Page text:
I do feel a little bad that we didn’t watch the entire film properly, like I’m derelict in my duties as a devotee of cinematic wrong turns. Then again, we call it Bad Movie Night, not Movie Masochism Night. There’s only so much pain a person can take.

(Posted simultaneously to “Jelly-Town!”)

5 thoughts on “Would you believe it’s a happening?

  1. I swear there’s a good movie in “Southland Tales”… somewhere.

    Cut the Sean William Scott twin plot, and the copious amounts of Bush-era lazy editorial, and the Kevin Smith subplot, and about 3/4s of the cast. Jettison basically everything except for the Dwayne Johnson/Sarah Michelle Gellar plot, and you have a decent (bizarro) movie.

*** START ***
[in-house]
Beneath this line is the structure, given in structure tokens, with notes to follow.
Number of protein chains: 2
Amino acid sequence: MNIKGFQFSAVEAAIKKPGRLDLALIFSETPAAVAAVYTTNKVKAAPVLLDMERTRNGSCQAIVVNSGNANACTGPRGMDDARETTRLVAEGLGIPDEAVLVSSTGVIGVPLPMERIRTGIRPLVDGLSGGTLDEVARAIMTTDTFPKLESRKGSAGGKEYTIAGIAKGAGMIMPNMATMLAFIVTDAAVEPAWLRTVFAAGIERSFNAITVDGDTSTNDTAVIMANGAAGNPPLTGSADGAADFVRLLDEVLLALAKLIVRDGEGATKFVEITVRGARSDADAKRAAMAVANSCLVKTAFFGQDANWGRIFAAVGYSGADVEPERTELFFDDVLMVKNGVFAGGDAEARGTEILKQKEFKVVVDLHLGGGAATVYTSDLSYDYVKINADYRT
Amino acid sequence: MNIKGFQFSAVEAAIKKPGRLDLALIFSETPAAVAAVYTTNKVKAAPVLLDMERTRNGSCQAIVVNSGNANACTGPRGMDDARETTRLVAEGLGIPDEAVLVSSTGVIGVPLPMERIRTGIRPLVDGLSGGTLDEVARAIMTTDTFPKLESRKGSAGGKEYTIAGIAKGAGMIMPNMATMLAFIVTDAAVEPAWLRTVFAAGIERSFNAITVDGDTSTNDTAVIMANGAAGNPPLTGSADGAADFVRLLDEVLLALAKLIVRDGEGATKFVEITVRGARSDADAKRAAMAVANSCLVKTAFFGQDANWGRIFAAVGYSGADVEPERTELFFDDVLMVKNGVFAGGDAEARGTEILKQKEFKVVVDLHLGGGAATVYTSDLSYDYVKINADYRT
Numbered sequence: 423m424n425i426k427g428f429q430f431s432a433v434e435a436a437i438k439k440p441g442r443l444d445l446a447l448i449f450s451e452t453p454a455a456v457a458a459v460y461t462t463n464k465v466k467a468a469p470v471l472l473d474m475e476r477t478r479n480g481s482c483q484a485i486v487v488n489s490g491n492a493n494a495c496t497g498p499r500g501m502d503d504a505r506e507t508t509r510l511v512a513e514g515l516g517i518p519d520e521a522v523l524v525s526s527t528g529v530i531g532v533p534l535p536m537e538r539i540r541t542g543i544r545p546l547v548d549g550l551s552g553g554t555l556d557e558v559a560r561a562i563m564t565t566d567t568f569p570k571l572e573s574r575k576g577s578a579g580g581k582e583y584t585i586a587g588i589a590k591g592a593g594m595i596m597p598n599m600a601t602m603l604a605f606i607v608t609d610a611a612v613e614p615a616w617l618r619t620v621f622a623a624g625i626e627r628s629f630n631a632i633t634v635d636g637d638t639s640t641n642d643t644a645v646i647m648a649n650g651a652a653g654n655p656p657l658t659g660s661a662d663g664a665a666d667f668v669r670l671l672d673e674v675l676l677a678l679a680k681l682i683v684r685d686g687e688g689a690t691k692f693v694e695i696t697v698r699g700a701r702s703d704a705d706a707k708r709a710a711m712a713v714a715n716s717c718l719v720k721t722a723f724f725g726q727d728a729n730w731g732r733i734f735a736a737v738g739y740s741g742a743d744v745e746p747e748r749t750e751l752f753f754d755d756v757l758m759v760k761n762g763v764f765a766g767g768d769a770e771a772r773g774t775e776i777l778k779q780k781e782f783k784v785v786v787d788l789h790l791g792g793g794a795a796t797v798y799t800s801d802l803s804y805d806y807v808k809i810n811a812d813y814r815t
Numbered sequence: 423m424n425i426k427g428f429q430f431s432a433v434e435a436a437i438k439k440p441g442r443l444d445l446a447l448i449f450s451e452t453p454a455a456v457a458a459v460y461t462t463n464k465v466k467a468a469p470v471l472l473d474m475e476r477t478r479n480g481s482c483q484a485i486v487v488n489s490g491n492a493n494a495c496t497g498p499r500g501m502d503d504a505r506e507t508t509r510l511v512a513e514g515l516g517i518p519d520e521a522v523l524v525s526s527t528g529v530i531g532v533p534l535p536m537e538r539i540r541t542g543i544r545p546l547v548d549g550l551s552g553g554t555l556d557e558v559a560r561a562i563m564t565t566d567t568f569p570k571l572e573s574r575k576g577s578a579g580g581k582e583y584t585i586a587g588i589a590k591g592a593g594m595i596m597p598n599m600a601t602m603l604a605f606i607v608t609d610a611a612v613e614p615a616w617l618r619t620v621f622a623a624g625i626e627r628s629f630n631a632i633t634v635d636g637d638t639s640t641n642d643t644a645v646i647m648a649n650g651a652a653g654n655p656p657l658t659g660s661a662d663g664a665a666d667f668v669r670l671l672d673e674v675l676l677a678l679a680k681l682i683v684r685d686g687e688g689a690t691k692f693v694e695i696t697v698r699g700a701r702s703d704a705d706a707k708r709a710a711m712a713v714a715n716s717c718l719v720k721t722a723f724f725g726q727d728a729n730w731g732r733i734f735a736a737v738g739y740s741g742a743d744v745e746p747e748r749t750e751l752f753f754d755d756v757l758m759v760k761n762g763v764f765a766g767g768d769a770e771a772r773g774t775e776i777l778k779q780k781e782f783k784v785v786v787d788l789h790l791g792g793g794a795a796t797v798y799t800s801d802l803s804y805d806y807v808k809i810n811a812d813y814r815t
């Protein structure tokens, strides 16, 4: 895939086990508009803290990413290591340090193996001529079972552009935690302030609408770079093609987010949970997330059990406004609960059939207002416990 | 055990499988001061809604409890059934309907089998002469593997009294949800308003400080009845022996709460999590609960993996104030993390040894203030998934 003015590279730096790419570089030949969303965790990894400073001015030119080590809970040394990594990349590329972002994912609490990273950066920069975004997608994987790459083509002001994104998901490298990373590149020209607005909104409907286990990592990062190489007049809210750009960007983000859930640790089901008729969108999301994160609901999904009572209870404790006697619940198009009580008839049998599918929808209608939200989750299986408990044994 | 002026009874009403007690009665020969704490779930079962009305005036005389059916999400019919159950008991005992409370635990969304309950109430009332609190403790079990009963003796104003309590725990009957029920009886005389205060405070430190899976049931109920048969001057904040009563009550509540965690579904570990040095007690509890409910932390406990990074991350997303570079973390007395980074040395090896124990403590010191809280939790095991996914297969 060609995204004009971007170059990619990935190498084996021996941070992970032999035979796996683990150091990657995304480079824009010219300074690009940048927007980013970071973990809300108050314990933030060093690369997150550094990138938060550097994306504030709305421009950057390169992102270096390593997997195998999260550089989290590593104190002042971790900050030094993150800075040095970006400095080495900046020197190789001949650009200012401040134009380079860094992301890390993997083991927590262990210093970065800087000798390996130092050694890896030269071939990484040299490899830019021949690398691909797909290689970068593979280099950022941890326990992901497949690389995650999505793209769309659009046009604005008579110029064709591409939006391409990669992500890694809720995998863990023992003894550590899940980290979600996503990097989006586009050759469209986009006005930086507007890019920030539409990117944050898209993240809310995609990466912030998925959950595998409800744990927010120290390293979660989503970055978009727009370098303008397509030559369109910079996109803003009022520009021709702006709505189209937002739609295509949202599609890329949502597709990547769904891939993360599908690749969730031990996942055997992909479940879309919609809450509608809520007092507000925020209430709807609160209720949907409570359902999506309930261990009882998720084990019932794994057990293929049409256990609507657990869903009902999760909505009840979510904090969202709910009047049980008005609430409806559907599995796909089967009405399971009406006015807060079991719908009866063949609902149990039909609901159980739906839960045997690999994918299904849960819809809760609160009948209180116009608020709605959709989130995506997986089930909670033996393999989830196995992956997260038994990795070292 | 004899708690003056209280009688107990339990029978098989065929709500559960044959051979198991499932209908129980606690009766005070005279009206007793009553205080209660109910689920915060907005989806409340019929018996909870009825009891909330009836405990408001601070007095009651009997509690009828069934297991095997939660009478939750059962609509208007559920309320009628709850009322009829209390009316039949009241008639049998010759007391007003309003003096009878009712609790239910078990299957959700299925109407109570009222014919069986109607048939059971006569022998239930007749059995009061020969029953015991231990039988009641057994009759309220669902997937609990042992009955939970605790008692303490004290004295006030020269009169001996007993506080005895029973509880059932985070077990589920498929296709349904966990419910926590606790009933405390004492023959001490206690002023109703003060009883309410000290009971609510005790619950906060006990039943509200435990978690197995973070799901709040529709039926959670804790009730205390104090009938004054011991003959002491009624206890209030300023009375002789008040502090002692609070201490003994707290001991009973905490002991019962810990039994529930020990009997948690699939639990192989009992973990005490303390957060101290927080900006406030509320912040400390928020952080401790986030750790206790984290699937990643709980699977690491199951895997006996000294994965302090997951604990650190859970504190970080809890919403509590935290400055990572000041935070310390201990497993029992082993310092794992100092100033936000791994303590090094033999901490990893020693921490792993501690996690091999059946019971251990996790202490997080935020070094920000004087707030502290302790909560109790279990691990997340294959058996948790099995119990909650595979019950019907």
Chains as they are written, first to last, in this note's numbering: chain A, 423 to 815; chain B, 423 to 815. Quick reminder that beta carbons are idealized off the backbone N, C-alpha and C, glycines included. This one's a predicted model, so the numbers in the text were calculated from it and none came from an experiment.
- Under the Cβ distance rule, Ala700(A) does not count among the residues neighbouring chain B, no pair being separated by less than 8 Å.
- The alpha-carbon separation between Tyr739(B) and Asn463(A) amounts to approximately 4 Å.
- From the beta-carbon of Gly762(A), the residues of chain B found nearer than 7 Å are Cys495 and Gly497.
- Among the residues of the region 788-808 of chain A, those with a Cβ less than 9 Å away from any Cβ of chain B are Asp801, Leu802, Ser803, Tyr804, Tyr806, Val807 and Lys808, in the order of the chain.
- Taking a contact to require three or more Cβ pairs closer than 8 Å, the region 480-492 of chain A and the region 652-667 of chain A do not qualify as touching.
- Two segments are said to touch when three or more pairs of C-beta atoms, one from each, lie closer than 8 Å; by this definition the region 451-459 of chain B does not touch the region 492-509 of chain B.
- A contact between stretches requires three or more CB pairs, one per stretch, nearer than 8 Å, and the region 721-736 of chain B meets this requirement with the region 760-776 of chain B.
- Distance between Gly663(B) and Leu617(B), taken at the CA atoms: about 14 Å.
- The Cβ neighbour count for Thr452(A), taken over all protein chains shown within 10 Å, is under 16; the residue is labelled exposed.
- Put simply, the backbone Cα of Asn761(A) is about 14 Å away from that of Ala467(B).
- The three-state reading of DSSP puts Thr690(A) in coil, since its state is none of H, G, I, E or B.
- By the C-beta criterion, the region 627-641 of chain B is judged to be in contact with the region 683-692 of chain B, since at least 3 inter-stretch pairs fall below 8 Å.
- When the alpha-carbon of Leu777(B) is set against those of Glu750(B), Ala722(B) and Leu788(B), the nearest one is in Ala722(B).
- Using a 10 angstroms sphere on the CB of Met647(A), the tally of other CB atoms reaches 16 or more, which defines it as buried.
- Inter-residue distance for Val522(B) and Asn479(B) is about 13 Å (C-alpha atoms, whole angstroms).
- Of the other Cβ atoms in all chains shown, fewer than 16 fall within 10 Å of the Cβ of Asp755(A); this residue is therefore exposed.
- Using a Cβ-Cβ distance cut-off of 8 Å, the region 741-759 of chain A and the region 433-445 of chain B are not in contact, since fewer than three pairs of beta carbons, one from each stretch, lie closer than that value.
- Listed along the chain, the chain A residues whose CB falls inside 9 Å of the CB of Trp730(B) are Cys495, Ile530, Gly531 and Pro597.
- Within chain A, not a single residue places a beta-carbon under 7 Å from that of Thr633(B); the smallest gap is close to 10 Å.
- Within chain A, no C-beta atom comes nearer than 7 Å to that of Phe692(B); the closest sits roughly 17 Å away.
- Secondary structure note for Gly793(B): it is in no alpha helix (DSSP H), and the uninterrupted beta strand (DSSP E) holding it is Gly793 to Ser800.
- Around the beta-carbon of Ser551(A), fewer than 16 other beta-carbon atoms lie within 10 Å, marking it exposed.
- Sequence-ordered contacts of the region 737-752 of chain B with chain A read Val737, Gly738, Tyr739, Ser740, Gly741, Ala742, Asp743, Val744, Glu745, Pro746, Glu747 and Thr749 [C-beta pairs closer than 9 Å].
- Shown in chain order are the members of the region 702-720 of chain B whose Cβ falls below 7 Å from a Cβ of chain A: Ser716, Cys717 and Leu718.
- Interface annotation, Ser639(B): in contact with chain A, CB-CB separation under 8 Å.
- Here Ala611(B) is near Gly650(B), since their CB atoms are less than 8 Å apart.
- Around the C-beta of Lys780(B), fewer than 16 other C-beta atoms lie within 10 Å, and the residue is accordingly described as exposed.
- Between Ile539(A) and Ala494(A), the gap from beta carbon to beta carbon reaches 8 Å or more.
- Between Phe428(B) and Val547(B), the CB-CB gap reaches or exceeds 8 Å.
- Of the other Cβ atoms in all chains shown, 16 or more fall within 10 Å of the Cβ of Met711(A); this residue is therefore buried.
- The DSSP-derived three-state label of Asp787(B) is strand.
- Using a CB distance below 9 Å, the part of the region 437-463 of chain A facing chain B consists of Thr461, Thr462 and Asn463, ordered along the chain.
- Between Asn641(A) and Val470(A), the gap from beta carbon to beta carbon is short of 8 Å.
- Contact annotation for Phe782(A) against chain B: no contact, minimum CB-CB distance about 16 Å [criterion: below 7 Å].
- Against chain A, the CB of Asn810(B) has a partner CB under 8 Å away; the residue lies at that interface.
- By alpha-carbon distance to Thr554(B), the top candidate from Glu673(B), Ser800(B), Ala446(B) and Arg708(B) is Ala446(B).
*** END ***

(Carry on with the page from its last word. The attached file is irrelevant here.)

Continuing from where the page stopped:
-“24 Hours to Midnight: The Blog!”

    1. You may be right, although it may in that instance be useful to also replace Gellar and Johnson with performers who can act outside of a limited range.

      And turn it over to a writer-director who hasn’t fallen in love with his or her own hype to bring a lighter touch to the proceedings.

      What on earth does that movie look like?

      1. Clearly, an ENTIRELY different movie than “Southland Tales”. Still, I think that we don’t need to burn the movie to the ground and salt the earth. There’s some good in there. Not a good movie – but, some good in a bad movie.

        -“24 Hours to Midnight: The Blog!”